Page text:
Real estate is all about transition and change. We move, sometimes by necessity and sometimes by choice, in times of celebration (new relationships, growing families) and in times of loss (relationships changing, lives ending). The thing I love most about working in real estate is helping people through these transitions. I pride myself on always being there – knowledgeable, capable, and calm – a guide through a process that, even under the best circumstances, can be complicated and stressful. It’s been an honor to stand by so many of you as you celebrate, and as you say goodbye.
This spring, after twelve years of living and working in Somerville and helping others, through real estate, with life’s big transitions, I was in the midst of my own happy life changes. And while I’ve been quiet on this blog for many months, this post has been on my mind for some time:
To my dear City of Somerville, your maze of one-way streets and community gardens (Morse Kelley!), your 311 updates and festivals (so many festivals), your newly converted factories and flocked-wallpaper Victorians, thank you for being such a wonderful home to me for twelve years. I started off as the new kid on the block – a 26 year-old moving into a 3-family at the end of a dead-end street, a home that had been in the same family for 50 years. My older, more established neighbors were wary. Why had we converted the building into condos? (“I wish I could afford the whole property, Mary,” I explained.) How many cars did I have? Would I take my trash to the curb and, more importantly, bring the barrels back in the same day? And when it snowed, would I shovel? Then, with time, I became one of the older residents on the street. I told the new kids moving in every September where they could (and couldn’t) park, I closed trash bins and brought them in from the curb when they had been left out, blocking driveways. And I shoveled. I called 311 when our Terrace was plowed in, and I shoveled some more – in front of my own steps and on the sidewalk for my older neighbors. In Somerville, I became an experienced homeowner, I developed a business, and I got involved in civic life, joining advisory groups and committees, spending long hours in the evening at City Hall or in elementary school auditoriums, with other engaged, passionate citizens. Somerville was great to me.
To my Somerville people, all the dedicated, creative, smart, and funny folks I met, became friends with, and worked with, who care so deeply for their city, thank you for taking me in and teaching me so much. From you, I learned about civic engagement (Young Somerville Advisory Group), historic preservation (Historic Preservation Commission), zoning laws (Zoning Advisory Group), small business development (Somerville Local First), and the messy, frustrating, exhilarating process of trying to tackle some of the most contentious issues facing Somerville today, like affordable housing (Sustainable Neighborhoods Working Group). You are all an inspiration. I feel honored to have shared such a vibrant time in Somerville with you, and I continue to admire your work now from afar.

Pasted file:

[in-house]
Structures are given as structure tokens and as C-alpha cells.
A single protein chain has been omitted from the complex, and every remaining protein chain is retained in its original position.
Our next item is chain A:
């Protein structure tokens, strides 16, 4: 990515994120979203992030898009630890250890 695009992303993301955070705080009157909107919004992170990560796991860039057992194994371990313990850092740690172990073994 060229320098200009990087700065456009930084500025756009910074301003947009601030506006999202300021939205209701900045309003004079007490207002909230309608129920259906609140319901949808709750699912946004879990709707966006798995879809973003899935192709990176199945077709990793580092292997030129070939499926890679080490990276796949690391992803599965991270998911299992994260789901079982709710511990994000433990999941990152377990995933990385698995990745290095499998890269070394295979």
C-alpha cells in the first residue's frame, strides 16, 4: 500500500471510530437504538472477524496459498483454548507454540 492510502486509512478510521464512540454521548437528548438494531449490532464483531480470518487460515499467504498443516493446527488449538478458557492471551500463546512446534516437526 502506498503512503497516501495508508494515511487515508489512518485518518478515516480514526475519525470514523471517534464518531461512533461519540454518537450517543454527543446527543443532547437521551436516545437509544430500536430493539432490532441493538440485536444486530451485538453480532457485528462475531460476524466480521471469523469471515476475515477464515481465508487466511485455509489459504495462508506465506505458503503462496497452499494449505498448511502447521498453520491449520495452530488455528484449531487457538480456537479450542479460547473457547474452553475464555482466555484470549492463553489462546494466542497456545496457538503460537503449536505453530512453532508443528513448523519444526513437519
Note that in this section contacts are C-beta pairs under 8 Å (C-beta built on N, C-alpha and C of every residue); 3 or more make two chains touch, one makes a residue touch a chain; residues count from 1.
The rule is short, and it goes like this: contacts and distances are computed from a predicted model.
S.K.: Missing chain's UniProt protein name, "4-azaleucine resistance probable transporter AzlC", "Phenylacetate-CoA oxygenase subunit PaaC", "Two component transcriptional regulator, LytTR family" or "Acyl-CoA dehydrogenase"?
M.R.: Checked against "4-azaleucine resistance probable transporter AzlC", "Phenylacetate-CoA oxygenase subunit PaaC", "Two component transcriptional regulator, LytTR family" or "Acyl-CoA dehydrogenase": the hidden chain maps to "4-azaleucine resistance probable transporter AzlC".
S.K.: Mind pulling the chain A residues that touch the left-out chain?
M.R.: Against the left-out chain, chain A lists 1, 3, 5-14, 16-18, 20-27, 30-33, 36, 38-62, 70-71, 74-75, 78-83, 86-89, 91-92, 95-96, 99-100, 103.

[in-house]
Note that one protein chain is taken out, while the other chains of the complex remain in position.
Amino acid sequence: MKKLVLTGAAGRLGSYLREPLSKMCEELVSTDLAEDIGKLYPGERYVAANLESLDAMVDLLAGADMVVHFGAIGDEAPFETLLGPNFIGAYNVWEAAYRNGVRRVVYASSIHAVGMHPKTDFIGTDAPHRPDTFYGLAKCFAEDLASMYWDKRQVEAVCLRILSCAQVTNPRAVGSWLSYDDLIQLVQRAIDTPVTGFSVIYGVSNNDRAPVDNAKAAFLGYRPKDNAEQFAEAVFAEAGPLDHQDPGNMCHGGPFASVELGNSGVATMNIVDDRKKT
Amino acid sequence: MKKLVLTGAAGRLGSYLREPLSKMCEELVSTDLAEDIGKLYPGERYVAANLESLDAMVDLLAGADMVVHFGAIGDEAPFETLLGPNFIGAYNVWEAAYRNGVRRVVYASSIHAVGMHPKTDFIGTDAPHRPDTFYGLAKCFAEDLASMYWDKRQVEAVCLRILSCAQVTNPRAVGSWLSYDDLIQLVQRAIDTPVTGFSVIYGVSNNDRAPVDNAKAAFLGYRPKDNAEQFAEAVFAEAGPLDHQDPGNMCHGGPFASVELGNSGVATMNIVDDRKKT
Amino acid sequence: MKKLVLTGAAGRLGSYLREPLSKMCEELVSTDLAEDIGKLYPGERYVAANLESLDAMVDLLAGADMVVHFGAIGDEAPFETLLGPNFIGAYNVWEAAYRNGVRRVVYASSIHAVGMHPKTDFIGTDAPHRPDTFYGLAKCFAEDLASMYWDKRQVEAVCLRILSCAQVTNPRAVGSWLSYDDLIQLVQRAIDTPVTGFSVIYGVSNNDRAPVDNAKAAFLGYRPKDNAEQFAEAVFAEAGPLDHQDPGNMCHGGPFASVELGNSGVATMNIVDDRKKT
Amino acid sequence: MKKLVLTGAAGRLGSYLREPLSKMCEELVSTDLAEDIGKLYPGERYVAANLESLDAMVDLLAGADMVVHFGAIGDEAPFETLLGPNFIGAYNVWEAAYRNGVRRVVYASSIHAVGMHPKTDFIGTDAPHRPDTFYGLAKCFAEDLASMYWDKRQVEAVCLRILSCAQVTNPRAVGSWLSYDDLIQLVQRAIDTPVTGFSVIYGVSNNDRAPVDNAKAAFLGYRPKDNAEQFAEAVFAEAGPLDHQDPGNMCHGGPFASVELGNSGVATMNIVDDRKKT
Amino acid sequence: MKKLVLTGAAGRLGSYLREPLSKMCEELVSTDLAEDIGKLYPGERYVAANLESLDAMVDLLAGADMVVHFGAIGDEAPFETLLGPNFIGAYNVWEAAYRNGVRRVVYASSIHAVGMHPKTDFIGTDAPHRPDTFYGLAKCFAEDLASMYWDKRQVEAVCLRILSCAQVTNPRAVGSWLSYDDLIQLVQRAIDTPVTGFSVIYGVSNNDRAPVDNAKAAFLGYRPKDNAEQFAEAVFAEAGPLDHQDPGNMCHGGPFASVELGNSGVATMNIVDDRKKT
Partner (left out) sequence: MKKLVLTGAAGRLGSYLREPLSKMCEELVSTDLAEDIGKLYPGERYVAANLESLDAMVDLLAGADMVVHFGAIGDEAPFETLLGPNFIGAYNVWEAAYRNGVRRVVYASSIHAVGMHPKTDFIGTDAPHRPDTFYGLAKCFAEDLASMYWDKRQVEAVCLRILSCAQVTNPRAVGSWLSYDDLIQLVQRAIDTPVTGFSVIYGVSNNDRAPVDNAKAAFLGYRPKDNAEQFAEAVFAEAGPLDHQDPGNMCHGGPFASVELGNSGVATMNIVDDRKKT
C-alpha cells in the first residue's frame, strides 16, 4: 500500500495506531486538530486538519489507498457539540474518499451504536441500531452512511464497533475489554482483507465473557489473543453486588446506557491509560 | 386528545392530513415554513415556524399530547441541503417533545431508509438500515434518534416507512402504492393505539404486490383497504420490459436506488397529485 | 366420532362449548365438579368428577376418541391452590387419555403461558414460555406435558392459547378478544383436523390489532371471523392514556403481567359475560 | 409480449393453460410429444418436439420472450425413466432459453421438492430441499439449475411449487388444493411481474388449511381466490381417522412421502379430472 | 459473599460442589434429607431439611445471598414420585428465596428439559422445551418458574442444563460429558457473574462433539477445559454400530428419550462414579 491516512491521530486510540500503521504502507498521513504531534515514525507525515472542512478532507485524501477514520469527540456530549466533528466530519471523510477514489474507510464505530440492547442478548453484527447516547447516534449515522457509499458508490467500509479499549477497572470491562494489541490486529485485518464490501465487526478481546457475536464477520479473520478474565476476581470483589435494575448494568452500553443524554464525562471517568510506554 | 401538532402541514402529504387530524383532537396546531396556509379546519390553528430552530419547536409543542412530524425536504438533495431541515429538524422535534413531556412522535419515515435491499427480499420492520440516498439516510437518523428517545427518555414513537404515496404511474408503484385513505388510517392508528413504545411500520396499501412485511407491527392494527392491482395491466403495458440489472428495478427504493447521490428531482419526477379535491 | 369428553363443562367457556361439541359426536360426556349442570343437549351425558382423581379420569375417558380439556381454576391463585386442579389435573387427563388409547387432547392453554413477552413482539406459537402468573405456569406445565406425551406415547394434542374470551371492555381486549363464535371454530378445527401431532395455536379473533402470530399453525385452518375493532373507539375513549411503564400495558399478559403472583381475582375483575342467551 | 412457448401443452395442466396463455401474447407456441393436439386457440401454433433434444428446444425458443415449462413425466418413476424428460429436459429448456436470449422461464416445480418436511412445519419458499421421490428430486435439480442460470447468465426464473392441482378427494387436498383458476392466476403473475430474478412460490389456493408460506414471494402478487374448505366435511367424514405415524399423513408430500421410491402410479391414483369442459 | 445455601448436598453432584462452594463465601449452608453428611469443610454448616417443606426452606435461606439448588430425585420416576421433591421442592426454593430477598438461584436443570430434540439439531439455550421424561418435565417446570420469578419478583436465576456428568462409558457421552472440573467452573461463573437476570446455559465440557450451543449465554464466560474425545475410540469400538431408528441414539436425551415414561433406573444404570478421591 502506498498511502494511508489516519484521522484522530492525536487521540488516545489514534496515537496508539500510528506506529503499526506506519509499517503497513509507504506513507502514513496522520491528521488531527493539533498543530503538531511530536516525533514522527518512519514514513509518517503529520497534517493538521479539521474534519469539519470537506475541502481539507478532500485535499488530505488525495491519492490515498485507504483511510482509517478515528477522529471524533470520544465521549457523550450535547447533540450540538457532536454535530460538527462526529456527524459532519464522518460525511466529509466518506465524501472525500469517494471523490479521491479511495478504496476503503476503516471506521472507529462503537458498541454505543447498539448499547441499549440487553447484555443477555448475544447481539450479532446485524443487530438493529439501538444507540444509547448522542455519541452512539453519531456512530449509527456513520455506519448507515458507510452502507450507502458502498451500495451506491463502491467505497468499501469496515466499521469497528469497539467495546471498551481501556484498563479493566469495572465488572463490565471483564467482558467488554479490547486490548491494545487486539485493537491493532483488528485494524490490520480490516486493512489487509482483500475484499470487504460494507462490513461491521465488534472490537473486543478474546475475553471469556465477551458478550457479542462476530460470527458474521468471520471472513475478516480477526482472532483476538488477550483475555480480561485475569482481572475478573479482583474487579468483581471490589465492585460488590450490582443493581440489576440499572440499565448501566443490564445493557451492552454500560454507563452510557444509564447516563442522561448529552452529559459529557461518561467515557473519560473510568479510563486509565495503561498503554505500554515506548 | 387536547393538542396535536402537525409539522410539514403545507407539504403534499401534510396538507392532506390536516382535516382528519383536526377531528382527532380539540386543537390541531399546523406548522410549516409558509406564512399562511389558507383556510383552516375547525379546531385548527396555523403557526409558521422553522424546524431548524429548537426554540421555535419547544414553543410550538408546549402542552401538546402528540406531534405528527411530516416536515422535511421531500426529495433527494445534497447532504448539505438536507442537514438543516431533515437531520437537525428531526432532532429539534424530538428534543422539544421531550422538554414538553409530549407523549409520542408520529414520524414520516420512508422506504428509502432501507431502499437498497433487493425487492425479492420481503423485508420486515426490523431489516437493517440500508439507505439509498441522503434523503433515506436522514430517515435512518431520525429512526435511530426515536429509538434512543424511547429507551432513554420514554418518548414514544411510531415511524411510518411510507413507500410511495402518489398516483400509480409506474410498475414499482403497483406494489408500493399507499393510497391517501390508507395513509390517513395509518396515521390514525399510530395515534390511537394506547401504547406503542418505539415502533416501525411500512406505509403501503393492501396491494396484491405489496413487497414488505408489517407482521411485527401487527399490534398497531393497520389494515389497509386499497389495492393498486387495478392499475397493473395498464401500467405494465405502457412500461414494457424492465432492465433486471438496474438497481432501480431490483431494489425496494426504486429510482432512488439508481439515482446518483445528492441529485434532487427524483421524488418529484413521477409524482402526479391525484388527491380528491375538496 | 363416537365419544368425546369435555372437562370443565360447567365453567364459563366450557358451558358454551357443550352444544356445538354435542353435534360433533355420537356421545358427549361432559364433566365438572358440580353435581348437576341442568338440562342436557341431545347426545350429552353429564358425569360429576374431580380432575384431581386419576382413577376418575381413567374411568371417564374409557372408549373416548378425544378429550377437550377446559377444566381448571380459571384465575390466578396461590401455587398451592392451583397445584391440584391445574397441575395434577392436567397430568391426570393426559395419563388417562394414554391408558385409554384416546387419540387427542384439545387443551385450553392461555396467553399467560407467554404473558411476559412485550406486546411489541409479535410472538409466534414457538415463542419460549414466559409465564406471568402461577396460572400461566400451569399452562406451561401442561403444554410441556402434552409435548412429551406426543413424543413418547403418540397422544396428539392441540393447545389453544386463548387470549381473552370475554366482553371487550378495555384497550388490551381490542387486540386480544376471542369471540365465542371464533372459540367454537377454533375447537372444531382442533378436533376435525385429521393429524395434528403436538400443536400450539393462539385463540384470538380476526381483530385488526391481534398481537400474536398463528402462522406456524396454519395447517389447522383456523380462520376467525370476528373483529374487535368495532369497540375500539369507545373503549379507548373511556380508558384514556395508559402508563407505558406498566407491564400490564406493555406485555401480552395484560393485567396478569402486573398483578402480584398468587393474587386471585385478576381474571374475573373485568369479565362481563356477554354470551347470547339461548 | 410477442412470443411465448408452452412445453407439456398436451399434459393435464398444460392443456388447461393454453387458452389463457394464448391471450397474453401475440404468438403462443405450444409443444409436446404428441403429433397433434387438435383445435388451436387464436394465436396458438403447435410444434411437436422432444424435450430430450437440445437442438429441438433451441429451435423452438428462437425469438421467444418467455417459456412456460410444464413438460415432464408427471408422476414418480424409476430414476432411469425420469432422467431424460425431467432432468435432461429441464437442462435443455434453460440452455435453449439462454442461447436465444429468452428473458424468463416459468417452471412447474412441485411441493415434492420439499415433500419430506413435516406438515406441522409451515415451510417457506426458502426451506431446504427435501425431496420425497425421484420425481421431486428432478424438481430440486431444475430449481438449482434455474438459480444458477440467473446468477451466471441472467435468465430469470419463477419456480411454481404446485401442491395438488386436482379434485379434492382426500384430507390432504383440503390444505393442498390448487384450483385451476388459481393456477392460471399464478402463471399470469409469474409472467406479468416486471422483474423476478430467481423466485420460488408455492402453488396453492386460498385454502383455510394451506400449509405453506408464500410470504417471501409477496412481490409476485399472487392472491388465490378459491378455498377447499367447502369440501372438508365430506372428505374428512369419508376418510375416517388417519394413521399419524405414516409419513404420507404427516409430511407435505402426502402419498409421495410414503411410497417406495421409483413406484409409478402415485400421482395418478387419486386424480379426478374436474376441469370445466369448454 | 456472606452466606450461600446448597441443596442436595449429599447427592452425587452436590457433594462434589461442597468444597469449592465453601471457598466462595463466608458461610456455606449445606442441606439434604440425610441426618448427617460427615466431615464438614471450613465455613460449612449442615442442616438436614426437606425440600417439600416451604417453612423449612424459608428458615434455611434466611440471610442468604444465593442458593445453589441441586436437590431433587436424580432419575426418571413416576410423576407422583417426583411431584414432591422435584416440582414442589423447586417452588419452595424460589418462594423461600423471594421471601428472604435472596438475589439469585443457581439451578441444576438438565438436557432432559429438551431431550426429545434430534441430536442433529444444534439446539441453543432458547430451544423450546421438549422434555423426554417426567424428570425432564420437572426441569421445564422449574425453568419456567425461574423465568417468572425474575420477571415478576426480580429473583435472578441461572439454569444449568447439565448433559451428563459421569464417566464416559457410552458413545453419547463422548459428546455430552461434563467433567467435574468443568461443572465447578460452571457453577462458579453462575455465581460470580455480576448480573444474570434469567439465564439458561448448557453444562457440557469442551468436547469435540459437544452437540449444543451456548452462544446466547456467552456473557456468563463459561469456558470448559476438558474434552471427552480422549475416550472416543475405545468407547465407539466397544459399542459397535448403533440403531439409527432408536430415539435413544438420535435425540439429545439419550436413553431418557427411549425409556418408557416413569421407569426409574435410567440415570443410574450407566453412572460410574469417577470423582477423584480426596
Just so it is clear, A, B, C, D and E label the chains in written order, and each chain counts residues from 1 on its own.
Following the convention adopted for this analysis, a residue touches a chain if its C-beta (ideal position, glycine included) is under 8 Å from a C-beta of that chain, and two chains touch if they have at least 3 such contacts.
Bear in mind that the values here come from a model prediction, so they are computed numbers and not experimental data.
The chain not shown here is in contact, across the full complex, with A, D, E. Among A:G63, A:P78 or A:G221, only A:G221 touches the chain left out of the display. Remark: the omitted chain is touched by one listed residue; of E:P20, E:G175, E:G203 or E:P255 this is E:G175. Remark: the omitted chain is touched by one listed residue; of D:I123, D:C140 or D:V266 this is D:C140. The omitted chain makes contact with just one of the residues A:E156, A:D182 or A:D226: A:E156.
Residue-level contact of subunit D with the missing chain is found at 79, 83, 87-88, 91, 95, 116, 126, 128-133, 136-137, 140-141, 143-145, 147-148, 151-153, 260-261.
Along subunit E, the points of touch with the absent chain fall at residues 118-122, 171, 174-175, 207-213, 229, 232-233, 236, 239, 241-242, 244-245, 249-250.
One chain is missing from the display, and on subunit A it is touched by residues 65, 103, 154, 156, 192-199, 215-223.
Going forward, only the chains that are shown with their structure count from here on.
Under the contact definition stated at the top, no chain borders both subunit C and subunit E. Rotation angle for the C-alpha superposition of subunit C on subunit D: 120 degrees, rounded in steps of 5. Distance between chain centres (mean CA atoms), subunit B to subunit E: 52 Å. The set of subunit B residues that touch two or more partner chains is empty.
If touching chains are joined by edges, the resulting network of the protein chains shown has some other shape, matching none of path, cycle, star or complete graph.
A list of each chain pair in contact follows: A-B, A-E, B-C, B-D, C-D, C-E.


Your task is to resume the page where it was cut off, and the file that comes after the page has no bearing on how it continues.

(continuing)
This spring, I moved from Somerville to Los Angeles. “LA?!” you might wonder. I’m a New Englander after all – and a two-time Illuminations Tour Trolley Leader no less! Well, dear readers, sometimes a choice in life is just so clear that it doesn’t even feel like a choice. And the next steps are so exciting that moving doesn’t feel like an ending, but a chapter of a much larger, more expansive, story. When I fell in love with a man who lives in Los Angeles, I never had any doubt about what I would do next. I packed up my condo, shipped my stuff west, and drove cross-country to live in a 600 SF cabin on a hillside overlooking a canyon a few miles outside of Downtown LA.
And as for the real estate business I built, the relationships I formed, and the specialized knowledge I compiled over years in the ‘Ville – I’ve carried it all with me, and it continues to evolve. While I no longer live in Somerville, I still work as a real estate consultant – advising clients, following the market, and making local referrals. And my approach to real estate – part historian, part urban planner – has informed how I’ve learned my new city, my new home. LA is truly a city of neighborhoods, an exciting, incongruous constellation of diverse places and people. While New England and Southern California don’t have a lot in common (on the surface), my approach to living – honed in Somerville from years of working in residential real estate and engaging in civic life – has remained the same: connect with your neighbors, walk as much as you can (even in LA!), and learn the history of a place to understand its current complexities. These truths, for me, are constant, no matter where you call home.